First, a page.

Revolutions and uprisings have been springing up in the Middle East and North Africa (MENA) region since Tunisian fruit seller Mohammed Bouazizi lit himself on fire in Sidi Bouzid in December of 2010. Tunisia’s Ben Ali was the first Arab dictator to fall, inspiring large numbers of people from Egypt and Libya to Yemen, Bahrain, and Syria to take to the streets demanding justice.
In the nearly two years since the start of the Arab uprisings, Saudi Arabia has appeared unaffected by this trend. In reality, however, the country has been no exception to the rule and its citizens far from silent.
Unfortunately, media outlets inside and outside of Saudi Arabia have, for the most part, been blind to these truths. For instance, in April 2012, American Journalist Declan McCullagh summarized a talk on the political situation in Saudi with an article titled “No Arab Spring in Saudi Arabia Anytime Soon”. I was living in Saudi Arabia at the time, and protestors in the Eastern Province city of Qatif had already been taking to the streets for 2 months by the time this article was published. A number of those protesters had been shot, imprisoned, and even killed by Saudi government forces.
Saudi Arabia is an absolute monarchy. It was established in 1932 with the affirmation of the British, based on a tribal alliance between the Al Saud and Al Wahhab families. In the initial agreement between the two groups, the Al Saud were to act as the absolute rulers of the country, while the Al Wahhab – with their rigid Sunni Islamic interpretation – were to take charge of the State’s religious affairs.
Oil revenue makes up 87% of the country’s budget. Through a State system of no taxation and generous social welfare packages, financial payouts have been used to rob the population of political representation.
This model, which has continued to this day, is currently being challenged by a large number of citizens frustrated by its injustice. Since the demonstrations began in the Eastern Province city of Qatif in February of 2011, the Saudi government has managed to brush over the grievances and deaths by playing into sectarian sentiments. The majority of Saudi Arabia’s Shiites, who have been oppressed since the country’s founding, reside in the Eastern Province. The discrimination they have faced, as embodied in state policies, is based on Wahhabi religious discourse teaching that Shiites are Islam’s greatest enemy.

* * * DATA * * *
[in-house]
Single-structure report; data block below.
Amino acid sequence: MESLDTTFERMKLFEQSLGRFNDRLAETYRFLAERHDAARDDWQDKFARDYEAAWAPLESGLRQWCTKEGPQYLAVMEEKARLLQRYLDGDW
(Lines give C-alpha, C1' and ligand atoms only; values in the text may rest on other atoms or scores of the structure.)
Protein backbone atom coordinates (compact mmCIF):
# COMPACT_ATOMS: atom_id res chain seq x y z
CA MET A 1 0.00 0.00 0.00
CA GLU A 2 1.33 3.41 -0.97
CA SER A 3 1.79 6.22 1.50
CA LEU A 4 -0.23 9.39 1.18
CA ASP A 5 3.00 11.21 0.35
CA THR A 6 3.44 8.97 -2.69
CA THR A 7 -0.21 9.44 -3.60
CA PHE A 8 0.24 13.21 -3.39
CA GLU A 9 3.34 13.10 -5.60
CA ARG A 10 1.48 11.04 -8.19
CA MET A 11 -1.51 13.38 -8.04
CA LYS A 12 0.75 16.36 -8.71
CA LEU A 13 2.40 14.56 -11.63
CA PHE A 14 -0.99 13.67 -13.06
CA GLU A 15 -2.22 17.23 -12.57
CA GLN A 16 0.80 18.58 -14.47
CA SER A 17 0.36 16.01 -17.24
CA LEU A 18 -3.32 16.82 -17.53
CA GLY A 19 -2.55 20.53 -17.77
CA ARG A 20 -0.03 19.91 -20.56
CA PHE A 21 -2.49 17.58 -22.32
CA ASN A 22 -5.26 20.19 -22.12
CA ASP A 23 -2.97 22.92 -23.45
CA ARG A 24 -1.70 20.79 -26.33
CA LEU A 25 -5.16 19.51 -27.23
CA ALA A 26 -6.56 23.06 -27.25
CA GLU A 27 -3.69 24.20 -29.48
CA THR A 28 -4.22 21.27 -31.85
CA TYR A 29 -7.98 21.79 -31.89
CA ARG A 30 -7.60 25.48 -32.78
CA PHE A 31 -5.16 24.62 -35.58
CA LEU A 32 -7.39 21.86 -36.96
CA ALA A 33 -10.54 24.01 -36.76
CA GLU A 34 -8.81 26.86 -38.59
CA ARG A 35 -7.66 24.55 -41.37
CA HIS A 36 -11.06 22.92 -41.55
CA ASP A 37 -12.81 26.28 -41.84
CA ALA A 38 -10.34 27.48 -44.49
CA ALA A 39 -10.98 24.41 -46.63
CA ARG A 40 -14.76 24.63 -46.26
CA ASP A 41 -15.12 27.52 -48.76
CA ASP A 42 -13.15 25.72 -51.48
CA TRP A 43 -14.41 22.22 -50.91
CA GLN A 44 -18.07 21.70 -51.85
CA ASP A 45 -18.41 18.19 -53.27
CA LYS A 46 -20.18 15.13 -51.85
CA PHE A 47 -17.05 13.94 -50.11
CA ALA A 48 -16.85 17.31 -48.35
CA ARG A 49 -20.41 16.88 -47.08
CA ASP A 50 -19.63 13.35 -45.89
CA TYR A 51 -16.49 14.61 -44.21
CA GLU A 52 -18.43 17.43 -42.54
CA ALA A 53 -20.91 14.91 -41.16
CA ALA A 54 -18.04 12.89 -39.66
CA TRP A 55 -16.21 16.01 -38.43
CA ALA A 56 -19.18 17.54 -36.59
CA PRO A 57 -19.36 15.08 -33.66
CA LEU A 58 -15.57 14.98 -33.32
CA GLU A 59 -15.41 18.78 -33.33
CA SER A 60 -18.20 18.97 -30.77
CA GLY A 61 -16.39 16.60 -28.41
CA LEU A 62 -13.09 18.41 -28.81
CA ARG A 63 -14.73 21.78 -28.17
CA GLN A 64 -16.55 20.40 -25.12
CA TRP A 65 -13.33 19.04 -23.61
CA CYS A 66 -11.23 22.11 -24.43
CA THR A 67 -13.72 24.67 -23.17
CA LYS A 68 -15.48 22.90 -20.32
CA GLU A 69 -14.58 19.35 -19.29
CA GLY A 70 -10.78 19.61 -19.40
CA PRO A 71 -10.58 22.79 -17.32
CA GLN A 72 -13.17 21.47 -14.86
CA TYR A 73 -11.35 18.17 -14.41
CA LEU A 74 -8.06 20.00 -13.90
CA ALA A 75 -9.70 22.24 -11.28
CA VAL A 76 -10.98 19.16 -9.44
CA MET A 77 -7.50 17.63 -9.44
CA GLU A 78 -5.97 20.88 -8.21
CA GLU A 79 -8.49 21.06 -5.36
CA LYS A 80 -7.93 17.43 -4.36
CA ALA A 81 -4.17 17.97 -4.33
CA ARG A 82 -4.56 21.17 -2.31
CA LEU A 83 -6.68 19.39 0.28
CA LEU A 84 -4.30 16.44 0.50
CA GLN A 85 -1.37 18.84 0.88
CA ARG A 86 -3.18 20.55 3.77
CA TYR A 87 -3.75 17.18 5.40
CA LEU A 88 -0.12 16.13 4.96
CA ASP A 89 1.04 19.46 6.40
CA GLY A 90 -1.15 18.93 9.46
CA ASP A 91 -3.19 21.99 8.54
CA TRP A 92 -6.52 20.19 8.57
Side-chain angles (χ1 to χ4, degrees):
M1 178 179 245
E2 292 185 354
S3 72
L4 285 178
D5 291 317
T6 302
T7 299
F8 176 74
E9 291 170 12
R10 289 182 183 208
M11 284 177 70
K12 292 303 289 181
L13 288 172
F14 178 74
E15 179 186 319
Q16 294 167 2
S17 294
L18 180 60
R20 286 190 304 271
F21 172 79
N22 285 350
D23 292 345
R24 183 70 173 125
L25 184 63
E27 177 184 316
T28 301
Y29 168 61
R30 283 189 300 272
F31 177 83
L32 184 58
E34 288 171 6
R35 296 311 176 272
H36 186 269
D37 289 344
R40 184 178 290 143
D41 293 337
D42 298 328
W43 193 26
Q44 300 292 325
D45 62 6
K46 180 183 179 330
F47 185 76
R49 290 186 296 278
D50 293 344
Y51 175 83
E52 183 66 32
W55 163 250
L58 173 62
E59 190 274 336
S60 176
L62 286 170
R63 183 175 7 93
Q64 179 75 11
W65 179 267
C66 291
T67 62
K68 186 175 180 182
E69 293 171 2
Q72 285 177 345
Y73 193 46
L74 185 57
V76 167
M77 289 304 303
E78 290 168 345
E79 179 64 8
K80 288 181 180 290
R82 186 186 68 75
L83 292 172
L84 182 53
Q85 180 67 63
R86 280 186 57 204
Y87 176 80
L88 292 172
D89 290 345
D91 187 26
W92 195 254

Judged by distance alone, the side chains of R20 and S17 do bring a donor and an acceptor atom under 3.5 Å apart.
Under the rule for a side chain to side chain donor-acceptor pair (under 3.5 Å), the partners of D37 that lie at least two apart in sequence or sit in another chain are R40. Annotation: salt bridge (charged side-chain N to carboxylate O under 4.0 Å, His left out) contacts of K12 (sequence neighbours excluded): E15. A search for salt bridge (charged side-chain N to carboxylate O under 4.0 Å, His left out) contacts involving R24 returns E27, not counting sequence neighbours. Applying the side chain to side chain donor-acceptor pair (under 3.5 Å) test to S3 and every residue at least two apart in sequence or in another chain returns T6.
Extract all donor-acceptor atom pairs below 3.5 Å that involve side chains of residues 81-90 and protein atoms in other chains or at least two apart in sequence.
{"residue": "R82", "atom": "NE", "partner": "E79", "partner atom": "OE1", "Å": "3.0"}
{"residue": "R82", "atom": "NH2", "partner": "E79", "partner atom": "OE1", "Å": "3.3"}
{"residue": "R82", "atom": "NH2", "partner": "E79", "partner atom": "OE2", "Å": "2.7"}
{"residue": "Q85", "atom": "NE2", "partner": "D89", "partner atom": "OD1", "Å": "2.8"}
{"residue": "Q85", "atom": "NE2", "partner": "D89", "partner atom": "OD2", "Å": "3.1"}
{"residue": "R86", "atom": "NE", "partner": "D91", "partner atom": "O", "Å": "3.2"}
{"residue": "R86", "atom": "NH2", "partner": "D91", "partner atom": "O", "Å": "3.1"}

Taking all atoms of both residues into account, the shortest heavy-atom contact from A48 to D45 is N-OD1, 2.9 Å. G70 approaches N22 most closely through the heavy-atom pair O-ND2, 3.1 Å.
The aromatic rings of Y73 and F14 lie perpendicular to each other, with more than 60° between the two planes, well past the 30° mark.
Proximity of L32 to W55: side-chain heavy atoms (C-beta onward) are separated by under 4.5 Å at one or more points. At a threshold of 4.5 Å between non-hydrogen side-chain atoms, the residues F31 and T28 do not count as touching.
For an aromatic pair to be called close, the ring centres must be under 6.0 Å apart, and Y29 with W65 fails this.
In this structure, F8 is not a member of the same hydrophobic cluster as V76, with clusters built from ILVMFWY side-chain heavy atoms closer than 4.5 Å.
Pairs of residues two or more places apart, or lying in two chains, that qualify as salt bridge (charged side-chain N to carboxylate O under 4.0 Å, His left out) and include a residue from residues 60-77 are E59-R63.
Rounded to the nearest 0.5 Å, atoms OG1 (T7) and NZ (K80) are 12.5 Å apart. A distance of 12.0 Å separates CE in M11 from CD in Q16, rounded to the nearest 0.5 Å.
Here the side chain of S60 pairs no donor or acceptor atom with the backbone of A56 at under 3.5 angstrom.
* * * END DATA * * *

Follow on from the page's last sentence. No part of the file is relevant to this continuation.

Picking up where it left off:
At first, the government’s sectarian rhetoric was accepted by the majority Sunni population. However, when a number of protestors in cities outside the Eastern Province began taking to the streets demanding justice, this sectarian discourse quickly came unraveled. In Riyadh and Qassim – two cities with populations traditionally known for their strict adherence to Sunni/Wahhabi Islam – people have protested the mistreatment of prisoners who have been held in horrible conditions without trial. Protestors also challenged state policies in which individuals were kidnapped and held without charge for extended periods. Often times, families learned only many months later that their loved ones had been arrested by security forces.
Women have also been demanding changes. In early 2011, women revived debates over the Saudi ban on women driving. Some Saudi women even got behind the wheel in protest. Leader of the Women2Drive campaign, Manal AlSharif – who said she was inspired by the Arab Spring – was arrested for a short time, and fired from her job for her activism.
In early 2012, hundreds of female students in Abha protested against discrimination and mismanagement at their University. Many were injured by security forces; others were imprisoned. Women have also stood alongside men protesting in Qatif, and have been central to organizing the prison protests in Riyadh and Qassim.
The stability of Saudi Arabia is an absolute myth. Although the country is heavily divided along tribal lines, religious sects, and liberal and conservative viewpoints, citizens of all different backgrounds have taken to the streets and actively pushed for change through a number of different outlets. Silencing Saudi Arabia’s citizens denigrates the lives stolen by security forces, and those who have been imprisoned for simply demanding basic human rights.
As much as Saudi Arabia would like to claim its population is satisfied with the status quo, the uprisings in Saudi have already began.
*Bayan Perazzo is a Professor with specialties in Middle East Politics and Islamic Studies. She tweets @BintBattuta87